Donation of Human Biological Materials in the European Union: Commodifying Solidarity in the Era of the Biotechnological Revolution?

Luciana Riva, Giorgio Resta, Alberto Gambino, Carlo Petrini

Research output: Contribution to journalArticle

Abstract

The use of human biological materials (HBMs) involves a number of issues from both an ethical and a legal point of view. In recent decades, the purposes for which this material has been used have increased. The development of therapeutic products has led to the configuration of a market in which products have acquired an economic value. As soon as the private sector crosses the threshold of access to the use of human cells and tissues, a conflict may arise between the altruistic principles motivating the act of donation and the profit-making objectives . When donated material emerges from the public management setting and becomes a source of profit, the instrument of informed consent may not adequately protect the dignity of the donors. In the era of medical biotechnology revolution, any use of the donated material must be justified and consistent with the values motivating the act of donation.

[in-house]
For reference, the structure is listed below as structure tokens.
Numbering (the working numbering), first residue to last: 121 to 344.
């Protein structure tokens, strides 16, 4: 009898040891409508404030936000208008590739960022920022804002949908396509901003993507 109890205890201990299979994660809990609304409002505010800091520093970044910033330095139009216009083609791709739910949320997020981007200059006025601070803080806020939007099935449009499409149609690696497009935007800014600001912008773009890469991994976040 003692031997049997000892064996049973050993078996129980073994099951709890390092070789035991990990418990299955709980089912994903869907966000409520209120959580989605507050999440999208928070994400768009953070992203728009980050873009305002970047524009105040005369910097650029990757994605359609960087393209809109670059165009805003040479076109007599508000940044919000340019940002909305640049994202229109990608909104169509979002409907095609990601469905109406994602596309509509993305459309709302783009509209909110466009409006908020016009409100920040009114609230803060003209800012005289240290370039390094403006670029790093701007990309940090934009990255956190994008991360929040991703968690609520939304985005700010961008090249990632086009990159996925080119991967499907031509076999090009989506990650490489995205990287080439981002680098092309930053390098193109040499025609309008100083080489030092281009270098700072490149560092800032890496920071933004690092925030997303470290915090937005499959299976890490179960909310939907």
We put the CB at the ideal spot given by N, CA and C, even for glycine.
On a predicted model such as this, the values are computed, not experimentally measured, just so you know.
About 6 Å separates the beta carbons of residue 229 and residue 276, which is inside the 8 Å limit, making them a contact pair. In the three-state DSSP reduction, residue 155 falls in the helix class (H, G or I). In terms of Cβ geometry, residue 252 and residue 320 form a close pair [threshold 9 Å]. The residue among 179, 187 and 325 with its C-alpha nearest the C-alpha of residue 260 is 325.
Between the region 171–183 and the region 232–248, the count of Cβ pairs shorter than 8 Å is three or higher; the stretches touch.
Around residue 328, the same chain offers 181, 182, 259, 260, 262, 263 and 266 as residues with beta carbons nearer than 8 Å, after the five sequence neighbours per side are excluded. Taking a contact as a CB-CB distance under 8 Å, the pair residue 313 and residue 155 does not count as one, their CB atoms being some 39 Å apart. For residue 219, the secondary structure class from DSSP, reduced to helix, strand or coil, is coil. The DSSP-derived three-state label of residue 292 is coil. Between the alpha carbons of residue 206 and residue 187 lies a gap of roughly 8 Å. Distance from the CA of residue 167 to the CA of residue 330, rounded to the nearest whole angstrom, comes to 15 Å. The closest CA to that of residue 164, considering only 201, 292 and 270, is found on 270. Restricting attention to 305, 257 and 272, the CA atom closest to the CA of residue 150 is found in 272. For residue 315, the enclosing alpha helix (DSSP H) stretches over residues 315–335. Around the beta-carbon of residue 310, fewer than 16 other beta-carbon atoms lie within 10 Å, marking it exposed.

Original languageEnglish
Pages (from-to)349-358
Number of pages10
JournalNew Bioethics
Volume25
Issue number4
DOIs
Publication statusPublished - Dec 2019

Keywords

  • Altruism
  • Biological Specimen Banks/economics
  • Biotechnology
  • Commodification
  • European Union
  • Goals
  • Humans
  • Informed Consent
  • Personhood
  • Private Sector/economics
  • Tissue Donors
  • Tissue and Organ Procurement/economics

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